3D Printing Processes

3D Printing Processes

3D printing, also known as additive manufacturing, is a prototyping process where a real object is created from a 3D model. The 3D CAD data is saved as an STL file and then sent to the 3D printer. The printer then prints the model layer by layer to form the complete model.

There are a number of technologies within 3D printing that use different ways of building up a part. SLA (stereolithography), SLS (selective laser sintering) and FDM (fused deposition modelling) are the 3 most common used technologies in 3D printing.

 

SLA (Stereolithography) is a process whereby a vat of UV curable photopolymer resin is cured by a laser to build parts one layer at a time. The STL file is sliced into single layers (typically 0.05mm to 0.15mm thick) and the laser draws the cross section of each layer. Once the layer has been drawn, the elevator platform descends by a distance equal to one layer. A resin-filled blade then sweeps across the vat, re-coating it with fresh resin. On the surface of this fresh resin, the next layer is then drawn. After being built, the excess resin is then washed off the parts, which are then cured in a UV oven.

SLA requires the use of support structures to attach the parts to the elevator platform and to hold them in place whilst building. Without these support structures, it would be almost impossible to build the complex shapes that SLA is renowned for. Once the build is complete, these supports are removed from the parts manually; usually they are broken away from the parts.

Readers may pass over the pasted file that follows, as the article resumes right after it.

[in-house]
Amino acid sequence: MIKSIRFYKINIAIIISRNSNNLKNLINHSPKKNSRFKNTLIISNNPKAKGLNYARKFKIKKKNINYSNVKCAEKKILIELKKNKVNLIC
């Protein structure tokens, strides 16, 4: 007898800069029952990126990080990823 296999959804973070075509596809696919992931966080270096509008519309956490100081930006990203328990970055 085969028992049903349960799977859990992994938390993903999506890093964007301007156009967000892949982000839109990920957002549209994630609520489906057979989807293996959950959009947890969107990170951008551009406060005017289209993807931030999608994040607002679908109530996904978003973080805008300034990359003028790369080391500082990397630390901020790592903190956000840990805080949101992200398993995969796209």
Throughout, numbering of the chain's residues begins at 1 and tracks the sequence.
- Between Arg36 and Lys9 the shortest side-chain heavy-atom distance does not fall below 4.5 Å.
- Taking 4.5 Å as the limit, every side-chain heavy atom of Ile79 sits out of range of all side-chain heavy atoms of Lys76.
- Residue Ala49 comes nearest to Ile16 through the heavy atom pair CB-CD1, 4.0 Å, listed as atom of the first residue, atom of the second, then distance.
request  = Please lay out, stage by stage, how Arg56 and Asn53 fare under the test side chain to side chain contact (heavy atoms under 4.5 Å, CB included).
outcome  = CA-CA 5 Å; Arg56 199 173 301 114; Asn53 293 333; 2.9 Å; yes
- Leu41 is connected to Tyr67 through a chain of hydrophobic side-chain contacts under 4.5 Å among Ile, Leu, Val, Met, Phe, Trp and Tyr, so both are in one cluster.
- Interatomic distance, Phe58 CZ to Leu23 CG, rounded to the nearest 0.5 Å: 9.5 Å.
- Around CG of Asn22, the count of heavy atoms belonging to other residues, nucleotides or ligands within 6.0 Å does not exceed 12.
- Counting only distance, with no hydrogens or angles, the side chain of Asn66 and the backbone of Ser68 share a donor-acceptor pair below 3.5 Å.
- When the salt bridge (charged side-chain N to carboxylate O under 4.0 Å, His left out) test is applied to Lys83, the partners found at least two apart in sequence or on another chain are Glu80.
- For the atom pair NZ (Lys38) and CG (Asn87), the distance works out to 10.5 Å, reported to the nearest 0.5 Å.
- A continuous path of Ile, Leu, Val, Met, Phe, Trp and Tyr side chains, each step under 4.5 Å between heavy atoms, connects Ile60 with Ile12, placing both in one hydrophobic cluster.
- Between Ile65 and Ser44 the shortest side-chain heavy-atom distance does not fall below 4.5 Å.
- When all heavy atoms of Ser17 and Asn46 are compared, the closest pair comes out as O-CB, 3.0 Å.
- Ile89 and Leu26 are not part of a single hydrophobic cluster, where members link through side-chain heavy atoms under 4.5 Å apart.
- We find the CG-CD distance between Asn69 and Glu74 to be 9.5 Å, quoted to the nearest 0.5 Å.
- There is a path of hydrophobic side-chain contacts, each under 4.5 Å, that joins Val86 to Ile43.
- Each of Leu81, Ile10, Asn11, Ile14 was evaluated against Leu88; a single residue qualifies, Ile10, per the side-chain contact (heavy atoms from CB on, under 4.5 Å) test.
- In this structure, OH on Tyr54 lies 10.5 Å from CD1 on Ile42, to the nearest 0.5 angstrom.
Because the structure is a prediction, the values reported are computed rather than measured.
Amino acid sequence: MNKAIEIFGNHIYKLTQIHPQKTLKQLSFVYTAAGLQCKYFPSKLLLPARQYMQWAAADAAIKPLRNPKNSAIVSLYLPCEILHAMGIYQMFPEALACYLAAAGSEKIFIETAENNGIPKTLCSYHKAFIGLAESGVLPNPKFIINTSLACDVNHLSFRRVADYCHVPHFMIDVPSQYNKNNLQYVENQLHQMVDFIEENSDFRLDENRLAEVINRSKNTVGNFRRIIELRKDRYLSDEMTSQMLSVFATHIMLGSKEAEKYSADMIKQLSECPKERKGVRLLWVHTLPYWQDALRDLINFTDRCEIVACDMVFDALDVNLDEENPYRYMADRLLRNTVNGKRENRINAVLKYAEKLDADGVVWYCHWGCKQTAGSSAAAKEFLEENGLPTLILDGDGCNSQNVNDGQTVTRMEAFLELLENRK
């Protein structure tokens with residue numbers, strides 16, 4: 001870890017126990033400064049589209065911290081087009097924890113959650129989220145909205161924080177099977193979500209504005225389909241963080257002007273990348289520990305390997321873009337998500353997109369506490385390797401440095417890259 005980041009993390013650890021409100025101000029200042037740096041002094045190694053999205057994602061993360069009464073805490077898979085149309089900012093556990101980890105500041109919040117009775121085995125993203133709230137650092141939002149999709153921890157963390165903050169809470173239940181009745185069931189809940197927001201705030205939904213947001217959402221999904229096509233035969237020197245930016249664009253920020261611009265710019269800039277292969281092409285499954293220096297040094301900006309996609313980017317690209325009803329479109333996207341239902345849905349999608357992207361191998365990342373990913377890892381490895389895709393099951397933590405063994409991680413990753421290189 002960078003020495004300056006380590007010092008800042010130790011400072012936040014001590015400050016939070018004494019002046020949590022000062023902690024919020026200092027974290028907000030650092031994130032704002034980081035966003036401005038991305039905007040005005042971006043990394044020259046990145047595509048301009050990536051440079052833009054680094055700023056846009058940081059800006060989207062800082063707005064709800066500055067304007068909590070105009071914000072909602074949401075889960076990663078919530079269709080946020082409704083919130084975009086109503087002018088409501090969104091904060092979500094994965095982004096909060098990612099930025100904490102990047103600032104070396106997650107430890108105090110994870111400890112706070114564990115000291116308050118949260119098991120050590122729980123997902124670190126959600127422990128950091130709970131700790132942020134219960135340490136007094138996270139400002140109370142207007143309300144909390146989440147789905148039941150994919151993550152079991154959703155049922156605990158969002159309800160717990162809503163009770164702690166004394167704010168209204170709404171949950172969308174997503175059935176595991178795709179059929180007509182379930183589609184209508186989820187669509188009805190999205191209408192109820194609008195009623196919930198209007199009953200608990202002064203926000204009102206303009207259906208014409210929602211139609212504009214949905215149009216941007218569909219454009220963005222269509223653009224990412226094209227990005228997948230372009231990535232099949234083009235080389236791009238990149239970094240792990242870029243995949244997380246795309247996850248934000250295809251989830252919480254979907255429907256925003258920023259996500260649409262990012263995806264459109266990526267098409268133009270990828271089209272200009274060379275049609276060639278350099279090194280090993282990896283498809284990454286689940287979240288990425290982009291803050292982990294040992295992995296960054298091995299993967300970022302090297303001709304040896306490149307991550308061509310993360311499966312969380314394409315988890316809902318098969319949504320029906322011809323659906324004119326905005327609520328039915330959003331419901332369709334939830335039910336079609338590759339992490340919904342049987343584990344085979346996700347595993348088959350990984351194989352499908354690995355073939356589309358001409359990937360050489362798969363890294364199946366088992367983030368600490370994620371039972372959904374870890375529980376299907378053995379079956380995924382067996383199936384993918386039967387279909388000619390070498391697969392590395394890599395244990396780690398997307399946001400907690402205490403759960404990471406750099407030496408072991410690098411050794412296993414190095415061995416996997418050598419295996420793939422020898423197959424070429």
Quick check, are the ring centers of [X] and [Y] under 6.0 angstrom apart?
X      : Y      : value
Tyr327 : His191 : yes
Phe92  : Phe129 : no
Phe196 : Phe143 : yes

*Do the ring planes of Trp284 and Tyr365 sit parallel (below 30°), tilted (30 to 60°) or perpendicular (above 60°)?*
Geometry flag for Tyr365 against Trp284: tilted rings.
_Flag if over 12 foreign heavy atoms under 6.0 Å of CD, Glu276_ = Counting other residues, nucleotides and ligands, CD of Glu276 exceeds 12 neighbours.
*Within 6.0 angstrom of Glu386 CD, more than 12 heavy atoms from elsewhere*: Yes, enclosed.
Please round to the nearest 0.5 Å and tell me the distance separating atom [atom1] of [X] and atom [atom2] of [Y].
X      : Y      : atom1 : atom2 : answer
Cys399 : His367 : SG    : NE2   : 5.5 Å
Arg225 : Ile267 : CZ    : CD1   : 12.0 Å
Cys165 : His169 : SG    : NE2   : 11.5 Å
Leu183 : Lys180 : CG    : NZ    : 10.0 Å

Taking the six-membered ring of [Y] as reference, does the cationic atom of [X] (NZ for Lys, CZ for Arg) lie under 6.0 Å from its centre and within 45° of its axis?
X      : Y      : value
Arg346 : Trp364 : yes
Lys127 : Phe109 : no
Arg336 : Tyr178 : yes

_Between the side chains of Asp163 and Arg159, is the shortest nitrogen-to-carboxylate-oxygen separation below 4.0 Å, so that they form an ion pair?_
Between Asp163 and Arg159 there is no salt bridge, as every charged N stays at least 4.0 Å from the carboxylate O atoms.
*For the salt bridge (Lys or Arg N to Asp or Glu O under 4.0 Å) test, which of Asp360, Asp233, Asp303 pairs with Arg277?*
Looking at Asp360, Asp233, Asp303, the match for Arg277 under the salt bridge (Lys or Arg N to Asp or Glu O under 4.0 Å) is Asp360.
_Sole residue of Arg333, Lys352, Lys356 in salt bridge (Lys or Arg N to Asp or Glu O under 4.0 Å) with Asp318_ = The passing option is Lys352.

In SLS (Selective Laser sintering), a high power laser is used to sinter powdered material, binding the powder together to create a 3d shape. Similarly to SLA, in an SLS machine the laser scans cross-sections generated from a sliced STL model of the final part on the powder bed. After each layer has completed scanning, the powder bed is lowered by the thickness of one layer – the process is then repeated until the full part has been built.

Unlike in SLA and FDM, SLS does not require support structures in order to keep the parts stable within the build. This is due to the fact that the parts are always surrounded by powder – allowing for near-impossible geometries to be created.

 

Fused deposition modelling (FDM) is a process whereby thermoplastic material is extruded through a nozzle to build up a part layer by layer. The plastic filament is unwound from a coil and heated as is passes through the nozzle, which can be moved in both the X and Y axis. On some models, the nozzle can move up vertically, on others the bed can move downwards. Like SLA, FDM requires support structures, sometimes these are manufactured from the same material as the part & need to be broken away, and other machines have water soluble support structures that can be washed away once the part is built.

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